How the Illinois Gun Dealer Licensing Act got as far as it has

With the Illinois Gun Dealer Licensing Act still being considered in the Illinois House, gun rights advocates are left to question how and why the bill has got this far.

The measure — also known as Senate Bill 1657, sponsored by Democrat Sen. Don Harmon — would essentially mandate state licensing for all Illinois firearms dealers, who are currently only required to be licensed at the federal level.

Under the bill, dealers would have to undergo background checks and install security camera systems in stores. Documentation of each purchase will also be required, as would keeping copies of every customer’s firearm identification card.

Controversy arose around the bill in late April, after it was passed in the Illinois Senate on a 30-21 vote, when legislative records showed the Illinois Firearms Manufacturers Association and its lobbyist Jay Keller had dropped its opposition to the bill.

In exchange for the IFMA’s neutral stance, an amendment was added to the legislation that would exempt big box stores and firearms manufacturers from the measure. The two companies that the IFMA represented were Springfield Armory and Rock River Arms.

The initial reaction of the guns rights community was swift and fierce, with many saying the two companies had betrayed gun owners and calling for boycott’s on their products.

Springfield and Rock River then responded in tandem on May 1, as both companies came out with statements vehemently opposing SB1657. Both said they were not aware of the IFMA’s actions before it was too late. Springfield called it “an unfortunate lapse in communication,” while Rock River said “there was a disconnect and that representation was misguided.”

The following day, Springfield’s CEO Dennis Reese issued another statement, further condemning the legislation and the IFMA’s actions and announcing that the company would be severing all ties with the IFMA as a result.

“The Executive Director of the Illinois Firearm Manufacturers Association acted without our prior knowledge and against our principles and those of the industry as a whole with respect to the Gun Dealer Licensing Act,” Reese said. “We no longer have confidence in IFMA and after speaking to other directors we have made the decision to sever all ties with the organization, effective immediately.”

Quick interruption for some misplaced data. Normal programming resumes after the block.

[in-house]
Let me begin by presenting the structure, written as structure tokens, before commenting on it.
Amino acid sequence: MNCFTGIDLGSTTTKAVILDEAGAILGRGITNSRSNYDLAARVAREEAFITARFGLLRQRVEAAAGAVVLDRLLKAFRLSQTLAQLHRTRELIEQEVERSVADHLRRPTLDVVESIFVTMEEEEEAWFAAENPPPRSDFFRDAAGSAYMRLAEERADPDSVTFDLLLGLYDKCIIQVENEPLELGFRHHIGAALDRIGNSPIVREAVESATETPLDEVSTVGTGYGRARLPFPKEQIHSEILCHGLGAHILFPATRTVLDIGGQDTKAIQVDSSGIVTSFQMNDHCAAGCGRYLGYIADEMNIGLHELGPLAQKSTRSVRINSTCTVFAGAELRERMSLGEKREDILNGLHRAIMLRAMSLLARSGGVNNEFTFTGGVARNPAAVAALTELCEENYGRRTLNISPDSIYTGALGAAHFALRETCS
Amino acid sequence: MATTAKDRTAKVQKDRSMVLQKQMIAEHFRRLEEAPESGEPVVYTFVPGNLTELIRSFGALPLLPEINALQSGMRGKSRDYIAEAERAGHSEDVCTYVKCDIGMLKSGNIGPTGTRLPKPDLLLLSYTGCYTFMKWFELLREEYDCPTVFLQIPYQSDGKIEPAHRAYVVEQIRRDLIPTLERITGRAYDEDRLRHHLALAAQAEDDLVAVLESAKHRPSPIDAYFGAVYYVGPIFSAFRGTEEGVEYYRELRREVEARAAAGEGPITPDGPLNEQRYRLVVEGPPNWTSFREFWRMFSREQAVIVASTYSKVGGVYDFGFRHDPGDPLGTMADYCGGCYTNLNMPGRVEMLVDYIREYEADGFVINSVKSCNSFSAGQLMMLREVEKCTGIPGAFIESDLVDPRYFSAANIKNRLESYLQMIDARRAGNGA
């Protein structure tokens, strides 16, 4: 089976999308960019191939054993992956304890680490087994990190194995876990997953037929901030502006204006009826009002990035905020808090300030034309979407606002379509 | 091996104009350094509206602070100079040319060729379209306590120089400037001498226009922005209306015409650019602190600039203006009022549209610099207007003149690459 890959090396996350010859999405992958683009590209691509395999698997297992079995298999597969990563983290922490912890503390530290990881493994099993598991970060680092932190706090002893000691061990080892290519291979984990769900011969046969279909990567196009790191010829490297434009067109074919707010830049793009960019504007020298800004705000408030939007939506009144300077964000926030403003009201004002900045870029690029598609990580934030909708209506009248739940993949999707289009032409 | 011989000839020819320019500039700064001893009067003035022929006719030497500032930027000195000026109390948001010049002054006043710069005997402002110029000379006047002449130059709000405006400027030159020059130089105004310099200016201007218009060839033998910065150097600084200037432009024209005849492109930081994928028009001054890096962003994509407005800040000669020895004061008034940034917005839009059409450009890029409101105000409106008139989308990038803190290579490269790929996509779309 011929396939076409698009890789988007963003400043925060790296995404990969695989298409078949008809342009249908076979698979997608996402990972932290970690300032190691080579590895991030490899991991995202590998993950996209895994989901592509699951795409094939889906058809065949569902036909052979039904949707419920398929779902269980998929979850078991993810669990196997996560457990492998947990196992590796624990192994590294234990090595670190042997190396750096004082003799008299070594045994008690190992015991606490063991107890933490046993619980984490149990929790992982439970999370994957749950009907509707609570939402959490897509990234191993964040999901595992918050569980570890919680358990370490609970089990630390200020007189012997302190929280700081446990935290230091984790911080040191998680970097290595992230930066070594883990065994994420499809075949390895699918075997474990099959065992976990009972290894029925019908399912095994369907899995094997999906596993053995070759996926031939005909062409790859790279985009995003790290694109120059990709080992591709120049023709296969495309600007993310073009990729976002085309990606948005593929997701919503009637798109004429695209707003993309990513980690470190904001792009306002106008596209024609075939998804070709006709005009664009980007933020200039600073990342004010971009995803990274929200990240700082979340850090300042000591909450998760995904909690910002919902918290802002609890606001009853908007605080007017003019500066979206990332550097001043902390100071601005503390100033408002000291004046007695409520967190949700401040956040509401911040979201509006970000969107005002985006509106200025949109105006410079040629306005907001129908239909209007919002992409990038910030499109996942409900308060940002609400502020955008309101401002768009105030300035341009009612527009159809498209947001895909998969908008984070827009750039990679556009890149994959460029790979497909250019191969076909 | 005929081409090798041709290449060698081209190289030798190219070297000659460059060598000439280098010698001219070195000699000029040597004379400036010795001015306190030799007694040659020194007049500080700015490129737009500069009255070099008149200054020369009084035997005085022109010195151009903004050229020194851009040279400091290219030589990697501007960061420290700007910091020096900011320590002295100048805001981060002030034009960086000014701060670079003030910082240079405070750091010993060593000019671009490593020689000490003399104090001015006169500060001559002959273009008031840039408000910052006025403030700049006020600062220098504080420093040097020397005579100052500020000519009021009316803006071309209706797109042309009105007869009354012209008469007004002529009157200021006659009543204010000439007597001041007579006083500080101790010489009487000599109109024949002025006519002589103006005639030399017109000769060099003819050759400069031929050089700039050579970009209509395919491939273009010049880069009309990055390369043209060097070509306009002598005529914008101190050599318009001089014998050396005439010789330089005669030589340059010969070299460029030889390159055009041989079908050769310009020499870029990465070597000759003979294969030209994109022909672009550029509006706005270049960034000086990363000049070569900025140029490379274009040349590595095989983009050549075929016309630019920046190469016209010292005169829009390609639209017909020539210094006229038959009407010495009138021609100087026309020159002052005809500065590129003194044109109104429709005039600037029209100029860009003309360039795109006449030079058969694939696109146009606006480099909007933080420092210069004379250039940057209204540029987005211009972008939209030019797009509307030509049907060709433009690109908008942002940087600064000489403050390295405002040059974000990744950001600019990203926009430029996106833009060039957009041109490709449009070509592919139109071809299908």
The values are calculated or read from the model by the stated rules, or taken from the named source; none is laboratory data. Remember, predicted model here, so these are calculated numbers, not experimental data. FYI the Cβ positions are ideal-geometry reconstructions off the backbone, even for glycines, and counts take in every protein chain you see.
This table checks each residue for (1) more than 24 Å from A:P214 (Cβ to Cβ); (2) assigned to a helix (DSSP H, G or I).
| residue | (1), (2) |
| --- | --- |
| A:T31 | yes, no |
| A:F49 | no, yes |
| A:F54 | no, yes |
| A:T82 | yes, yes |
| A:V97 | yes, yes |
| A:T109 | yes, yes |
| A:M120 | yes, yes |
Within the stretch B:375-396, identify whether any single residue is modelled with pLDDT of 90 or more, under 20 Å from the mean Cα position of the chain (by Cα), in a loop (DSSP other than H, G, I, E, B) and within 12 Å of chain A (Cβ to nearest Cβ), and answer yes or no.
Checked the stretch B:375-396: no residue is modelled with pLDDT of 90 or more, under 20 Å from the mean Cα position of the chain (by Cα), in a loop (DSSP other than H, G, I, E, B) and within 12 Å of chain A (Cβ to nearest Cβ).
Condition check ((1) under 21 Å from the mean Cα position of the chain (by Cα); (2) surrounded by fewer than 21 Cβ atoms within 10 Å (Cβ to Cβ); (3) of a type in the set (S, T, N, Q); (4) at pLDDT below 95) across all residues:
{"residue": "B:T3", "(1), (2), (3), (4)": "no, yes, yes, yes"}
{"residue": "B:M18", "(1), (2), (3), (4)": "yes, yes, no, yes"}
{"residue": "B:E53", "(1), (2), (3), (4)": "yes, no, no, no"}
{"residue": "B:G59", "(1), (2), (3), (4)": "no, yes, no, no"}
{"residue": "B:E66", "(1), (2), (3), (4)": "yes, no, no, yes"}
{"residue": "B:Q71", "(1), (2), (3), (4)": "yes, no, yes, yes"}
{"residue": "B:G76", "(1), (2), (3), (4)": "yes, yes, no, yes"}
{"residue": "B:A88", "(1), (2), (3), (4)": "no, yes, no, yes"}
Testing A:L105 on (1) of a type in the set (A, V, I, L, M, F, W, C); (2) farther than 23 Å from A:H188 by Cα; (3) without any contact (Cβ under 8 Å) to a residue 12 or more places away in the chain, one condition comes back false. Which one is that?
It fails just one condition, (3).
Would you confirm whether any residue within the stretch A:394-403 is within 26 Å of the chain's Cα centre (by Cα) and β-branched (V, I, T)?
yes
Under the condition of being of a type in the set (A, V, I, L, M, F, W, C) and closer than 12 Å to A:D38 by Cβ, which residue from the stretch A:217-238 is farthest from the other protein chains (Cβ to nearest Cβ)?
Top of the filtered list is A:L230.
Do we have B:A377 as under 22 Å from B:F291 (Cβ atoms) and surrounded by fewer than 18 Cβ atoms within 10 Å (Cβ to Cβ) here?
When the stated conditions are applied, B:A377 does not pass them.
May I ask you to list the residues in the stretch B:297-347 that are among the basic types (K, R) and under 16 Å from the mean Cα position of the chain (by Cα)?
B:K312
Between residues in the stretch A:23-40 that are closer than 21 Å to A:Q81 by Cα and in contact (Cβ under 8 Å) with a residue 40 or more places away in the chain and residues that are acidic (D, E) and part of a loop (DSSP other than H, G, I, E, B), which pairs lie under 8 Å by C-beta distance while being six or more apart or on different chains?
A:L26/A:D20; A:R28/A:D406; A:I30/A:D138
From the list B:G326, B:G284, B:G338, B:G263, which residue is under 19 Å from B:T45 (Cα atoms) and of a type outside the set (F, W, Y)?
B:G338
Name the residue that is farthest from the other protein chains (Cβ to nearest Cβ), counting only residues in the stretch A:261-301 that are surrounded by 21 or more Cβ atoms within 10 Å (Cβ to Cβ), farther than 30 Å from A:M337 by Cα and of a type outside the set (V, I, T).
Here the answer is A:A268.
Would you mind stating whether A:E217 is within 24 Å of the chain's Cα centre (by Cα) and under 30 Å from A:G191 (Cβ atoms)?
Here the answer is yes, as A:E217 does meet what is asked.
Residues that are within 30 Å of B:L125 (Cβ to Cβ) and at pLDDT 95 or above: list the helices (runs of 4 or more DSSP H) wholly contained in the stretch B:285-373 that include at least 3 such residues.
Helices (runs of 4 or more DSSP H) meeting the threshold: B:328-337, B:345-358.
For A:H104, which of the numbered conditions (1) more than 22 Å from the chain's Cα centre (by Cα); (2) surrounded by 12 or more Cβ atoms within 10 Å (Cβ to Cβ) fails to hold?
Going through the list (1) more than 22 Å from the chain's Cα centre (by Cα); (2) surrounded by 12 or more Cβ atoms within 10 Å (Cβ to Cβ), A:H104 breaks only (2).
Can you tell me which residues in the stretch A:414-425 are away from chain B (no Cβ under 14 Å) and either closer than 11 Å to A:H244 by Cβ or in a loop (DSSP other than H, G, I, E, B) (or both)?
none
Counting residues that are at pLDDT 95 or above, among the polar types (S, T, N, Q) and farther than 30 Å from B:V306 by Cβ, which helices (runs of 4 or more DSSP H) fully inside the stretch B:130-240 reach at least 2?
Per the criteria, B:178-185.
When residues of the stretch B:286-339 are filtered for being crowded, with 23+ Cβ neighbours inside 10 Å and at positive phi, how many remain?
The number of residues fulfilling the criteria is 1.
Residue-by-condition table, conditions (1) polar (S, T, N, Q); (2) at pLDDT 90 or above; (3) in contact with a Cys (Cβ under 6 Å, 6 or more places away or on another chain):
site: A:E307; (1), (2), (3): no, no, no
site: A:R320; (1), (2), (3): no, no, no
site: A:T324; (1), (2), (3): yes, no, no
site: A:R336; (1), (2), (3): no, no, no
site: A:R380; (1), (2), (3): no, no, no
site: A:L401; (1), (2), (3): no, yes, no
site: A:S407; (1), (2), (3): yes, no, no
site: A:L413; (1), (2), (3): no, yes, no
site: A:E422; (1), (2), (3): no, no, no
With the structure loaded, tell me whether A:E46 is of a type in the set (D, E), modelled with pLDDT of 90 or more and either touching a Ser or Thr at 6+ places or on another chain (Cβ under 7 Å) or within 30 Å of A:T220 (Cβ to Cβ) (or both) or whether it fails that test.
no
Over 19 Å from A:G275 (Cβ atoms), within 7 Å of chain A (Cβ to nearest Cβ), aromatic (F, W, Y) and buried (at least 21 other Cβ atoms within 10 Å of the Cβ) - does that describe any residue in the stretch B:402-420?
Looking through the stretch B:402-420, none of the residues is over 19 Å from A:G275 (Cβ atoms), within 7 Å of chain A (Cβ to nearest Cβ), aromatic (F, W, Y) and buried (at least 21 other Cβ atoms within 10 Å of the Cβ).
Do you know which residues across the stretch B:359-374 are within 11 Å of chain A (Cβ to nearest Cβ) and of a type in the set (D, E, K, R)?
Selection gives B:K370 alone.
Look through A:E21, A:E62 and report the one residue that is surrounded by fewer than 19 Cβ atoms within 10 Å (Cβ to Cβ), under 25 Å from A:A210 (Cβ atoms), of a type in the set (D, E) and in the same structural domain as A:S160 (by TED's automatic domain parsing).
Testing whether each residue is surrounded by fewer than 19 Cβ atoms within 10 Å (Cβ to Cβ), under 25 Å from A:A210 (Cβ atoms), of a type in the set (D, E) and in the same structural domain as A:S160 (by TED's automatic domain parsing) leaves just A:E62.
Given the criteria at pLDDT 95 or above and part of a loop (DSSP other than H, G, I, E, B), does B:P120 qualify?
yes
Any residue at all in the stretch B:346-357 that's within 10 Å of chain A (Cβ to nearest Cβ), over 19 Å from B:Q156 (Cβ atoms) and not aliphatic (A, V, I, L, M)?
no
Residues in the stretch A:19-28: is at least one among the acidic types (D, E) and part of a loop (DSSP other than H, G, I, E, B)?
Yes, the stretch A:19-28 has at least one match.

Rock River also pulled out of the organization on May 2, saying the “IFMA’s integrity is compromised” and that they had lost all trust of the organization.

Because Rock River and Springfield were the only companies the IFMA represented, the organization was thus disbanded. The two companies have since come together to fight the bill, with Rock River’s co-founder Chuck Larson and Springfield’s Reese attending a House Hearing regarding the legislation on May 16.

In yet another statement, Reese said he submitted a slip to testify at the hearing but was ultimately not selected. The same statement includes a link to a video in which Reese again apologizes for the situation and claims the Executive Director of the IFMA brokered the deal without their knowledge.

While both Springfield’s and Rock River’s apologies and subsequent actions to oppose the bill may seem sincere, many are left to wonder how such a profound lapse in communication could have occurred. How could both companies have no knowledge of what their own lobbyist was brokering on their behalf?

In order to try and gain some clarity around just how the lapse in communication went down, reached out to both companies and so far has received no response.

Despite both companies attending the House hearing and many other gun rights advocates testifying against it, the bill passed out of the House judiciary committee and now awaits a full vote on the House floor.

The National Rifle Association, National Shooting Sports Foundation and Illinois State Rifle Association have all come out in opposition to the bill.

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